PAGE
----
turbulence forced external mixing ... depth (cm) time (min) interface depth vs time graph (1) graph
Post on 15-Nov-2020
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Fig (3b) 60 sec average with interface
Fig (3a) 60 sec average with no interface
An average of 60 sec Velocity/Vorticity plot with an interface An average of 60 sec Velocity/Vorticity plot with no interface
Process and Environmental Research Division
Summer Placement 2011
By Mohamed Elmaghrbi Supervisor: Dr Matthew Scase
Turbulence forced external mixing
Introduction: Turbulent/laminar boundaries occur in a vast range of environmental and industrial fluid flows. For example smoke from chimneys and volcanic eruption columns propagating through the atmosphere, fuel ignited in an engine, and dense water flows from the edge of Antarctica which drive the ocean conveyor belt. The interest in the characteristics of the interfacial mixing between the ambient and turbulent layers, has led to numerous detailed laboratory studies aimed at improving the mixing models employed in these situations. A large number of studies have investigated this phenomena using turbulence generated by an oscillating grid, producing zero-mean turbulent flow. The first attempt to do so was by J. S. TURNER in 1968. The experiment consists of two layers of fluid with different density, one of which is stirred by oscillating the grid creating a turbulent motion, and the other layer is quiescent.
Theory: The entrainment rate (the interface velocity) is expressed as a power law of the form: 𝐸 = 𝑘𝑅𝑖−𝑛 (1) Where 𝐸 is the ratio of the entrainment velocity to the turbulent velocity scale, 𝑘 and 𝑛 are constants and are to be determined from the experiments. 𝑅𝑖 is Richardson number and it is a function of the relative density between the fluids, the turbulent length scale ( 𝑙 ) and root mean square velocity scale (𝑢) at the interface and is given by the equation : 𝑅𝑖 =
(2) The length scale 𝑙 only depends on the distance from the grids origin, where as the velocity scale 𝑢 is dependent on the grid characteristics as well as the distance from the grid. ‘∆𝜌′ is the density difference between the two fluids and ‘𝜌’ is a reference density (density of fresh water) and 𝑔 is gravitational acceleration. 𝑙 = 0.1𝐷 (3) 𝑢 = 0.25𝑓𝑠1.5𝑚0.5𝑧−1 (4) Where 𝐷 is the distance of the interface from the grids origin (m), 𝑓 is the frequency (Hz), 𝑠 is the stroke length (m), 𝑚 is the mesh size (distance between the grids bar centres) (m), and z is the distance from a virtual origin. Detailed experiments by Hopfinger & Toly showed that this virtual origin lies at the grid mid-plane in its equilibrium position (i.e. at the interface 𝑧 = 𝐷)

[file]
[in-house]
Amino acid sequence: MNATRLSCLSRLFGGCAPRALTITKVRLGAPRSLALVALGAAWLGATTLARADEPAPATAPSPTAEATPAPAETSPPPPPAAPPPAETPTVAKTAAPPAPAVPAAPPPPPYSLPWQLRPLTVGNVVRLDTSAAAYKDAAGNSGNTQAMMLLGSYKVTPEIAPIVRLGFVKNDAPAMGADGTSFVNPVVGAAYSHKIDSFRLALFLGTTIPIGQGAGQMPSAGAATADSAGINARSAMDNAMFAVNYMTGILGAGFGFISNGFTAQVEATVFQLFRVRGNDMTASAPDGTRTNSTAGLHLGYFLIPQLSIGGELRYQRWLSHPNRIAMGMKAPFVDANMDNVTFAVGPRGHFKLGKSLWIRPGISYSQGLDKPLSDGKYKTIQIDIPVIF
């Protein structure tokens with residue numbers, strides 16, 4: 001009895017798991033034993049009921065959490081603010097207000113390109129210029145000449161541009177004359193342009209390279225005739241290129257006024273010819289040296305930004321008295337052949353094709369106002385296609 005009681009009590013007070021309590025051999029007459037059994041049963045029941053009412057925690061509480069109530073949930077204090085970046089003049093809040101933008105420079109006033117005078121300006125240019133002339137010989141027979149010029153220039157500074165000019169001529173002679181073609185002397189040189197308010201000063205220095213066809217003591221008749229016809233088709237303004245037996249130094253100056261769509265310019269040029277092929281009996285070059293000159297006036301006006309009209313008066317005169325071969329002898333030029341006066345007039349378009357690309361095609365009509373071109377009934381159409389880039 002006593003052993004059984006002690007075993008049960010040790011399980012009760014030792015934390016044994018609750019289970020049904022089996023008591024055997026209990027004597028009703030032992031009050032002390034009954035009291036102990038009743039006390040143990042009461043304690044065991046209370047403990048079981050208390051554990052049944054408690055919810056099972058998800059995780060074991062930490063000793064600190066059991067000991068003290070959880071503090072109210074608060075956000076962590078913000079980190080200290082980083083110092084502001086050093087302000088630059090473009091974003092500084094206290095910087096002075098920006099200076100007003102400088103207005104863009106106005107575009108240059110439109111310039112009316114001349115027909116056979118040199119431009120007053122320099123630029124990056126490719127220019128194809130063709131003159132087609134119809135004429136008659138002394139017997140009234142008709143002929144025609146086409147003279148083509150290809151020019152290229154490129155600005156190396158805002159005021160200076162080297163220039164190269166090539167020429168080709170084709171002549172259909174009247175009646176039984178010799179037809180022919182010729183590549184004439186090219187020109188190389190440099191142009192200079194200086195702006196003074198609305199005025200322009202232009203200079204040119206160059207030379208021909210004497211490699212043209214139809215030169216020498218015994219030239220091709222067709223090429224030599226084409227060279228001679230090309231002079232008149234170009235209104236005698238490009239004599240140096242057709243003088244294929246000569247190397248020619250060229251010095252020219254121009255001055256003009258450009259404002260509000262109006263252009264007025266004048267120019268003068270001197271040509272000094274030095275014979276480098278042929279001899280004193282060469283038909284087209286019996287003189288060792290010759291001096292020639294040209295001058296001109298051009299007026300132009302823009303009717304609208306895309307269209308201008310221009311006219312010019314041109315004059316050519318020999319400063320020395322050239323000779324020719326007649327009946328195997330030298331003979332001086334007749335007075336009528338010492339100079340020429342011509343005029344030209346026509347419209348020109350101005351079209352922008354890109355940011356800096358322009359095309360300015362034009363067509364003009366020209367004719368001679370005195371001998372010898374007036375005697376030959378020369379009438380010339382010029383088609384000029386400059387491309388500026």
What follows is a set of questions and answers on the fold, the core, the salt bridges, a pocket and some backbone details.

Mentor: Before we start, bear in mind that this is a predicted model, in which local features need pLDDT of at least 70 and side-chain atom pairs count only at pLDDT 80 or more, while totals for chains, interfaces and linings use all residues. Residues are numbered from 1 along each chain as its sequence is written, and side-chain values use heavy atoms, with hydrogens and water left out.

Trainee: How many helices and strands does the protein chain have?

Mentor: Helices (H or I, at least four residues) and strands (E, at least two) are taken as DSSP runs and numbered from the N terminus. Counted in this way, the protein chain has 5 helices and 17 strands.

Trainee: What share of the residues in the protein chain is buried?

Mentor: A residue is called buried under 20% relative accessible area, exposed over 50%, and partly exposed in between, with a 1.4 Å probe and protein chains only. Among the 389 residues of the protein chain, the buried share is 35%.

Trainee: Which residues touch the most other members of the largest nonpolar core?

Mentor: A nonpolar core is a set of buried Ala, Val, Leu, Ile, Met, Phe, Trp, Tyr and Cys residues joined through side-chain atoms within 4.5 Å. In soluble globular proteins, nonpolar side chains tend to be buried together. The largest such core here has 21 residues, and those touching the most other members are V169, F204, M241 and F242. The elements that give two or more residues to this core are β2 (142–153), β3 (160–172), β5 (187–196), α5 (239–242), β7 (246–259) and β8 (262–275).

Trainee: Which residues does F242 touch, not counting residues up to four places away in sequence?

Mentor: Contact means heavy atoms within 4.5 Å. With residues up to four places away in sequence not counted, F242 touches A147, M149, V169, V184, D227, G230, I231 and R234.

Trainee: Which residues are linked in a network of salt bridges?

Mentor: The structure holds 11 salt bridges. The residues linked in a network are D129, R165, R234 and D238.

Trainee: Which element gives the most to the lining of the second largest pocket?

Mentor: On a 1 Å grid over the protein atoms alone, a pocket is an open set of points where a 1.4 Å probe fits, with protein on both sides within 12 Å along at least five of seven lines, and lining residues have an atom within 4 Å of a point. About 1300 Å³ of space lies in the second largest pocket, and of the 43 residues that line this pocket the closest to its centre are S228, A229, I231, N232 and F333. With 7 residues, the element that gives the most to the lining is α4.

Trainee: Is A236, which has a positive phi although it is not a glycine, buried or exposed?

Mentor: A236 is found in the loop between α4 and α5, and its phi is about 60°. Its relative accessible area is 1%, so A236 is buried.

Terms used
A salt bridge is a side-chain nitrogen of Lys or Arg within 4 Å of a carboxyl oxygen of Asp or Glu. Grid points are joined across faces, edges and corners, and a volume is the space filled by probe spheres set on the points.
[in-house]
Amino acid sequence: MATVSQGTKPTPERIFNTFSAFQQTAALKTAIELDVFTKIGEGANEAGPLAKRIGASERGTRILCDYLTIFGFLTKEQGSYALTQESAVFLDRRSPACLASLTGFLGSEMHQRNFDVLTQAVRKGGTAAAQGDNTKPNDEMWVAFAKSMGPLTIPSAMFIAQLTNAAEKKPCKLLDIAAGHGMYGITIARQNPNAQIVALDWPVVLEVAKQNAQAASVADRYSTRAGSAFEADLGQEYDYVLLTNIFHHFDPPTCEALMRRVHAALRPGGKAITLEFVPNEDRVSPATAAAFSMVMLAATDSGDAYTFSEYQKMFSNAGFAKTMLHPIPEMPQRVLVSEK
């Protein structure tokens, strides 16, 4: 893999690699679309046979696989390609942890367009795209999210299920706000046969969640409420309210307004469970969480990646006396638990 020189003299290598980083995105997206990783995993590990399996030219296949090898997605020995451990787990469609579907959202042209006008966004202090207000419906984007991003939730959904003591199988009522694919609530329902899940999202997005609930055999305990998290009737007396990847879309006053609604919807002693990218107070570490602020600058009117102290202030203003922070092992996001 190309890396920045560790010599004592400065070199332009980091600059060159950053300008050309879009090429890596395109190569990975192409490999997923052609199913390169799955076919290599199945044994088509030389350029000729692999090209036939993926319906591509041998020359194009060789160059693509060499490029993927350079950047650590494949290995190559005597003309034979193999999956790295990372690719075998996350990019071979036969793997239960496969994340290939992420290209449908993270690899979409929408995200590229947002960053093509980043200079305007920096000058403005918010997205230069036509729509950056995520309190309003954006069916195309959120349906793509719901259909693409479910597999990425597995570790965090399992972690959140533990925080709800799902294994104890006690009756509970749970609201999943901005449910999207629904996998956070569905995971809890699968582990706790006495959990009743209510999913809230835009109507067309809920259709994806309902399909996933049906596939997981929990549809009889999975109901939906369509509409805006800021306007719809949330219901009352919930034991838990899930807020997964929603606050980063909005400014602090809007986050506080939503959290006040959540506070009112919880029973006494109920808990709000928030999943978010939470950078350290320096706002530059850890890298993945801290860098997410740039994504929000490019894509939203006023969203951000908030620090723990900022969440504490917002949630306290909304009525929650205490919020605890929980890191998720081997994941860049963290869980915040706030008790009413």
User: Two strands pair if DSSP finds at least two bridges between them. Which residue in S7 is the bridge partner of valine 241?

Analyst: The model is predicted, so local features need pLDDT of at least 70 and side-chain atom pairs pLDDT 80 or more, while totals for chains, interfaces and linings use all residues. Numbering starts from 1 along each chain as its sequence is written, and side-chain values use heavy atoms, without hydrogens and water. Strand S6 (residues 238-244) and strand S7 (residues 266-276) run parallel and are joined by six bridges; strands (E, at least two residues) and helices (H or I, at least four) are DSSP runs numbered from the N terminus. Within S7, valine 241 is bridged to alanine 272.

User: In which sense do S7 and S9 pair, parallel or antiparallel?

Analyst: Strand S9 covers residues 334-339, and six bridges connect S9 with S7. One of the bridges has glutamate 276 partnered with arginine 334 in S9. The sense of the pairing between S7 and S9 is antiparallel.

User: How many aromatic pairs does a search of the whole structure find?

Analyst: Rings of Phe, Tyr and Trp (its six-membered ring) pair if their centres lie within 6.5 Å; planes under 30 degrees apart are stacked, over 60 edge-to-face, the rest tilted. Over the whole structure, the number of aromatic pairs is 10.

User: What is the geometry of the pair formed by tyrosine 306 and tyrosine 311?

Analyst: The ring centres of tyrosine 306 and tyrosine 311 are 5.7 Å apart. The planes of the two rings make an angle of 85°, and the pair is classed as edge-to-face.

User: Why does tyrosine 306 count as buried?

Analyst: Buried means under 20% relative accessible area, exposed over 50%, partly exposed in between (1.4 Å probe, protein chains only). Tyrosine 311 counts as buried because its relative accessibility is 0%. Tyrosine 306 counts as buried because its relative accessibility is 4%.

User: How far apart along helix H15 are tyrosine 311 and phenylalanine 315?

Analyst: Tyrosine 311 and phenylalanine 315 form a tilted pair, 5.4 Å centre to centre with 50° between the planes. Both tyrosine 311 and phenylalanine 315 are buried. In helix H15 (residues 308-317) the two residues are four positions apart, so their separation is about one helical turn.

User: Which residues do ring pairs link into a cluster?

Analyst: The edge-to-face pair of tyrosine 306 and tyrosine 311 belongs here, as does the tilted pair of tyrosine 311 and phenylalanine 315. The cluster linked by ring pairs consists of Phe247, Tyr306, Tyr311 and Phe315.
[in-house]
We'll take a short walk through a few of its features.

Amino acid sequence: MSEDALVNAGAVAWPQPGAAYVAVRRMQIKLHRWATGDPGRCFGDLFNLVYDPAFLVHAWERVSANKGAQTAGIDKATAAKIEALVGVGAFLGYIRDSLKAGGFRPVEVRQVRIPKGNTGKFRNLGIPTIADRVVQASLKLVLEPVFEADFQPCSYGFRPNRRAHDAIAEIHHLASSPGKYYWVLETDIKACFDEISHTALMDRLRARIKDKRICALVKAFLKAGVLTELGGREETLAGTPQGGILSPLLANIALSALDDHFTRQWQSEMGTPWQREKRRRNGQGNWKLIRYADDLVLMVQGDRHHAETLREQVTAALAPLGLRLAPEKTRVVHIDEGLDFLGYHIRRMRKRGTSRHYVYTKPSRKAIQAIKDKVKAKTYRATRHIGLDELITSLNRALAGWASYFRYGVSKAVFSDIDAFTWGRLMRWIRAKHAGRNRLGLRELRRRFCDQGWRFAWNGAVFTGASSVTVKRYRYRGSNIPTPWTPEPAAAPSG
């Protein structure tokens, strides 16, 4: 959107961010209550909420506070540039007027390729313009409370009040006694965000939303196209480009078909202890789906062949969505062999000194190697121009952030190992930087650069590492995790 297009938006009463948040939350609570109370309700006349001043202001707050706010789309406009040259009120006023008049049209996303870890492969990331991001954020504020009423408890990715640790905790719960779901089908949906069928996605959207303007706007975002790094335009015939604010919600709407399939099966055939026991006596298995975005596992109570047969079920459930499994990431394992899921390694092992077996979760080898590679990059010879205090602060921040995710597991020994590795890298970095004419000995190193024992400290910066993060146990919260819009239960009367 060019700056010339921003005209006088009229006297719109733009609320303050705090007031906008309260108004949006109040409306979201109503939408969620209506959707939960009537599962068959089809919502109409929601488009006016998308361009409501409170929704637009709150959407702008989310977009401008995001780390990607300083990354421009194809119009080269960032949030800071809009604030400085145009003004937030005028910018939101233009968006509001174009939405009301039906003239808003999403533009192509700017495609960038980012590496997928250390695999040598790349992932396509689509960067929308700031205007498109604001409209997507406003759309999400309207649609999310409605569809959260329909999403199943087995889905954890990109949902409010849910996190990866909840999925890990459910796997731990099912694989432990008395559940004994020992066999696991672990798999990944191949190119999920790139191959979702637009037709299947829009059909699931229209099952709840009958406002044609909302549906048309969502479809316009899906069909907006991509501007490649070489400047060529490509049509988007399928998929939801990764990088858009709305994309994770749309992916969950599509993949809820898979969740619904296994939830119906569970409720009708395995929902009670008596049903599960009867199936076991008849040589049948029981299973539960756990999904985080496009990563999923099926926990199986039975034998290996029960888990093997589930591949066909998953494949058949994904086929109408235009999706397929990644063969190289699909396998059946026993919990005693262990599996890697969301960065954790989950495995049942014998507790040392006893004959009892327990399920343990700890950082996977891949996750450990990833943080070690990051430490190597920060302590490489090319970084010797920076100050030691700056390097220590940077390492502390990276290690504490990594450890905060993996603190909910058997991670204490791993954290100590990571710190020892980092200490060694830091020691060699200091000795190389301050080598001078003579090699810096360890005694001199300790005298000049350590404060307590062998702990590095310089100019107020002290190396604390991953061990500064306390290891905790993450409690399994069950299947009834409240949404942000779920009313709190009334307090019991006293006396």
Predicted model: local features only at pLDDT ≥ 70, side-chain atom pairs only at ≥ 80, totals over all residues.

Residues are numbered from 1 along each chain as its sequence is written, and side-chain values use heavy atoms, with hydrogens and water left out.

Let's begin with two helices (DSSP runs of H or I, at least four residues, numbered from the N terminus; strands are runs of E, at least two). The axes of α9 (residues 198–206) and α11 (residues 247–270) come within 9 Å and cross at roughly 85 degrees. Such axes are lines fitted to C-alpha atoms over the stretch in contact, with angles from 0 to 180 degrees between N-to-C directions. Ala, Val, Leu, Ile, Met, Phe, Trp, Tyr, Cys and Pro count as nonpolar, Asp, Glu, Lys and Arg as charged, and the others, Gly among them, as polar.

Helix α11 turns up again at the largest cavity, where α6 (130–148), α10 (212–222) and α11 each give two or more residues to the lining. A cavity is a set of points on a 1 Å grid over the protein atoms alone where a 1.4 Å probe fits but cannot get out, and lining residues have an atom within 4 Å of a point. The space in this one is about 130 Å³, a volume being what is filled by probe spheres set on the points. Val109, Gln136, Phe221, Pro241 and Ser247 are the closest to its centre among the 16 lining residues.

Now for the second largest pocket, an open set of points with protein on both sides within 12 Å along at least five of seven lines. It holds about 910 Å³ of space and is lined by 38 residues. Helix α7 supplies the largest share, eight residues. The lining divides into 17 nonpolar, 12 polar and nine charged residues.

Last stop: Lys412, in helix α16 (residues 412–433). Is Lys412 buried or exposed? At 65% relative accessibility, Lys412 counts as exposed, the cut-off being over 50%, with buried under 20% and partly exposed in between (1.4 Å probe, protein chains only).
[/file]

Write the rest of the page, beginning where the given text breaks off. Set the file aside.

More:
cm cm cm cm cm cm
Figures (3a) to (3f) are a time sequence with 0.2 sec time step interval. The velocity and vorticity plots here are instantaneous and not averaged unlike in figures (2a) and (2b), and the interface is at depth 6cm from an arbitrary origin. From this time series it can be seen what exactly happens as a jet or an eddy impacts on the interface. In fig(3a) an eddy rotating anti clockwise is impacting on the interface between 4 and 6 cm horizontally. It can be seen that it is directed away from the interface, and at the same time generates another eddy that rotates clockwise between 7 and 9 cm starting from fig(3b). The second eddy propagates through the interface and causes the two layers to mix.
Particle Image Velocimetry (PIV) was used to study the behaviour of the fluid near the interface in order to create an understanding of the mixing procedure. The colour background represents the vorticity (red signifies anti-clockwise motion, and blue is clockwise motion).The arrows show the velocity of the fluid, (an arrow size is proportional to the magnitude of the velocity). Fig (3a) is a 60 sec time average with 200 frames a second. It can be seen the there are no major vortices present away from the grid in the absence of an interface, in fig (3b) where the interface is at depth 20 cm from the grid mid-plane (the origin), it is clear that two rotational motions are present just above the interface, to the right (clockwise) and (anti-clockwise) to the left. This happens because the interface acts like a boundary not allowing the fluid to pass through, and directs the fluid horizontally and then vertically away from the denser bottom layer. As this happens it generates vorticity at the interface opposite to the motion above it, which essentially causes the two fluids to mix.
Results and discussion:
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Interface depth vs Time
Graph (1) shows the interface height vs time. The initial depth was 14 cm from the grid mid- plane. The range of Richardson numbers for this experiment was : 190.5 < Ri